Schulz: Erin, what are Project Rainbow’s objectives beyond emergency or temporary housing?

Shelton: As far as what we want to do beyond emergency shelter, I think peer and professional based advocacy and support is so important for anyone who’s unhoused but especially people in the LGBTQ community, because there is just so much blatant mistreatment and discrimination that goes on in any system but the housing system, that just goes totally unchecked. A lot of times when people are actively living in crisis, they just don’t have the resources to advocate for themselves. I think that we just see this already really, really difficult process become even more difficult when you add that layer of marginalization, and potential discrimination. 

We want to be the people who are able to provide that advocacy, who are able to provide that safe space, and who are able to just let folks know that they are valid, that they matter. We see a lot of younger, queer people who are unhoused, who have been kicked out by their families. We want to show people that does exist, you have a whole community of us behind you who support you. You deserve to have not just all your needs met, but you deserve to be able to survive and thrive.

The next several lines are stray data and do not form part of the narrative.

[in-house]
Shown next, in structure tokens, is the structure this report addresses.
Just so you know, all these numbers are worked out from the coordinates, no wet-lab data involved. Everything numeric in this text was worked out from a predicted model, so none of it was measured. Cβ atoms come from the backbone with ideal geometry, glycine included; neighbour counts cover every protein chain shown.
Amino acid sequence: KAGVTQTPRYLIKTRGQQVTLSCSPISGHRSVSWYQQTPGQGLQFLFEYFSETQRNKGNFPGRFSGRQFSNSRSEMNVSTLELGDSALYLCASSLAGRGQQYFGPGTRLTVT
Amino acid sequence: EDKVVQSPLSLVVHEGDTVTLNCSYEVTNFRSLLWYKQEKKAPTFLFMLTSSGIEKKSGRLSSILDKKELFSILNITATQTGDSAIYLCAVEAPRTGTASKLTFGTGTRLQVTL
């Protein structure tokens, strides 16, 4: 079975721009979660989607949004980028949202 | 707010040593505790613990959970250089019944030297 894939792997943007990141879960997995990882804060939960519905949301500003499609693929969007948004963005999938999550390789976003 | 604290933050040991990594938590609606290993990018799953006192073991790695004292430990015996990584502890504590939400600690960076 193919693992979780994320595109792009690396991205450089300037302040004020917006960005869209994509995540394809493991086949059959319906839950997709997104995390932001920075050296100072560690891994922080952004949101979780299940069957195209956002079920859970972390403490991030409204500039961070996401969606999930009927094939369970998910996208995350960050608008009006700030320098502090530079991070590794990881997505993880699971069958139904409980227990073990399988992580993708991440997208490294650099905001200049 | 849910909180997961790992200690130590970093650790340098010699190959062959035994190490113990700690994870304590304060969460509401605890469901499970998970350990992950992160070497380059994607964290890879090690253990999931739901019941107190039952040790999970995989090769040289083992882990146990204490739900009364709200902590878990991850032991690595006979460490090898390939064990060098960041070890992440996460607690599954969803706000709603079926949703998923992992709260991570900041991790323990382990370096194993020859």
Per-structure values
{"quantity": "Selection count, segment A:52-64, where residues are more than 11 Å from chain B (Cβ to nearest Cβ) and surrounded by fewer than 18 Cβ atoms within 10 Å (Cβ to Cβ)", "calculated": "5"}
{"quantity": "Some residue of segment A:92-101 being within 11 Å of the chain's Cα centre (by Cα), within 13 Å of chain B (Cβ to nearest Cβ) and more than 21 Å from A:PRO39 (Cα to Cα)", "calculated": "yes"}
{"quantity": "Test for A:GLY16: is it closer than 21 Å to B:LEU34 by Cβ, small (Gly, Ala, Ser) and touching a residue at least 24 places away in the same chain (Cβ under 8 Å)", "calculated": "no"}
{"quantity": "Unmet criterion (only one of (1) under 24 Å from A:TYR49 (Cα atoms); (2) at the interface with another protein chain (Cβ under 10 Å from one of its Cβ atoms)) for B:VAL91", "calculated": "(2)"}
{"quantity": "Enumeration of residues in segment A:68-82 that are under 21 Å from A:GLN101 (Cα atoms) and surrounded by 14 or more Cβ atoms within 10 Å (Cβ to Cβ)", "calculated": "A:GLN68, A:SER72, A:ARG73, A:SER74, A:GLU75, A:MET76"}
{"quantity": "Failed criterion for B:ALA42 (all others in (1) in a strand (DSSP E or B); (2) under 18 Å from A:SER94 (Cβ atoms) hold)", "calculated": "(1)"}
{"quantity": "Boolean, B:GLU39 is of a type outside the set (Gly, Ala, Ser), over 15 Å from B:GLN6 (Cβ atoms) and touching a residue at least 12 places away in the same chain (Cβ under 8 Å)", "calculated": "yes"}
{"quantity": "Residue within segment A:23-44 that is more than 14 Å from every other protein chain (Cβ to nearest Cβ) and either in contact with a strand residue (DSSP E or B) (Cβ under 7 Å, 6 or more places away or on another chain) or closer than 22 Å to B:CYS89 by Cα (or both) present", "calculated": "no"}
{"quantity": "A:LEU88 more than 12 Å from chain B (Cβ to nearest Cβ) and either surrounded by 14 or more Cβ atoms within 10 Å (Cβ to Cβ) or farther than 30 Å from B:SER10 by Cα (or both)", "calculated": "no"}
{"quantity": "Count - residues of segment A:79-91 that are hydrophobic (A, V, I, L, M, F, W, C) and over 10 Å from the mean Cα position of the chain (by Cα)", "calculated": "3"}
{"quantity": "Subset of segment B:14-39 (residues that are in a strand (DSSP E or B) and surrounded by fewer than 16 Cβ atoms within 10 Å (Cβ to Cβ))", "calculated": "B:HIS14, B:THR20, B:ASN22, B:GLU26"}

Schulz: Ash, what is Project Rainbow trying to achieve immediately, in the next year?

Orr: Yes, so we are wanting to open our doors here in the next coming weeks to start serving our community. What that fundraiser is that Cassidy launched for us, is helping us get across that finish line, helping us to just get that last bit of funding in place so we can safely open the doors and know that we have a few months of support already set aside. 

Schulz: Erin?

Shelton: I think our most immediate objective, like Ash said, is to get people sheltered. I think any good housing organization takes that housing first framework where we want to get people sheltered, we want to get people housed and then we’re going to continue to follow up to make sure that they are getting the quality resources that they need when it comes to social services, health care and mental health care.

Schulz: Cassidy, anything to add?

Thompson: The immediate objectives are opening the shelter, as was stated, hiring staff and not just hiring anybody, but we hope to employ and empower people who are the demographic that we’re trying to serve. We have a couple of folks who are in the LGBTQ community who have been with us from the beginning, who both faced being unhoused and they are really interested in wanting to work on this project with us. We also want to immediately set up our mental health care services and hope to add housing program services in October when that grant funding becomes available.


Recently, Project Rainbow announced they will be opening their doors June 1.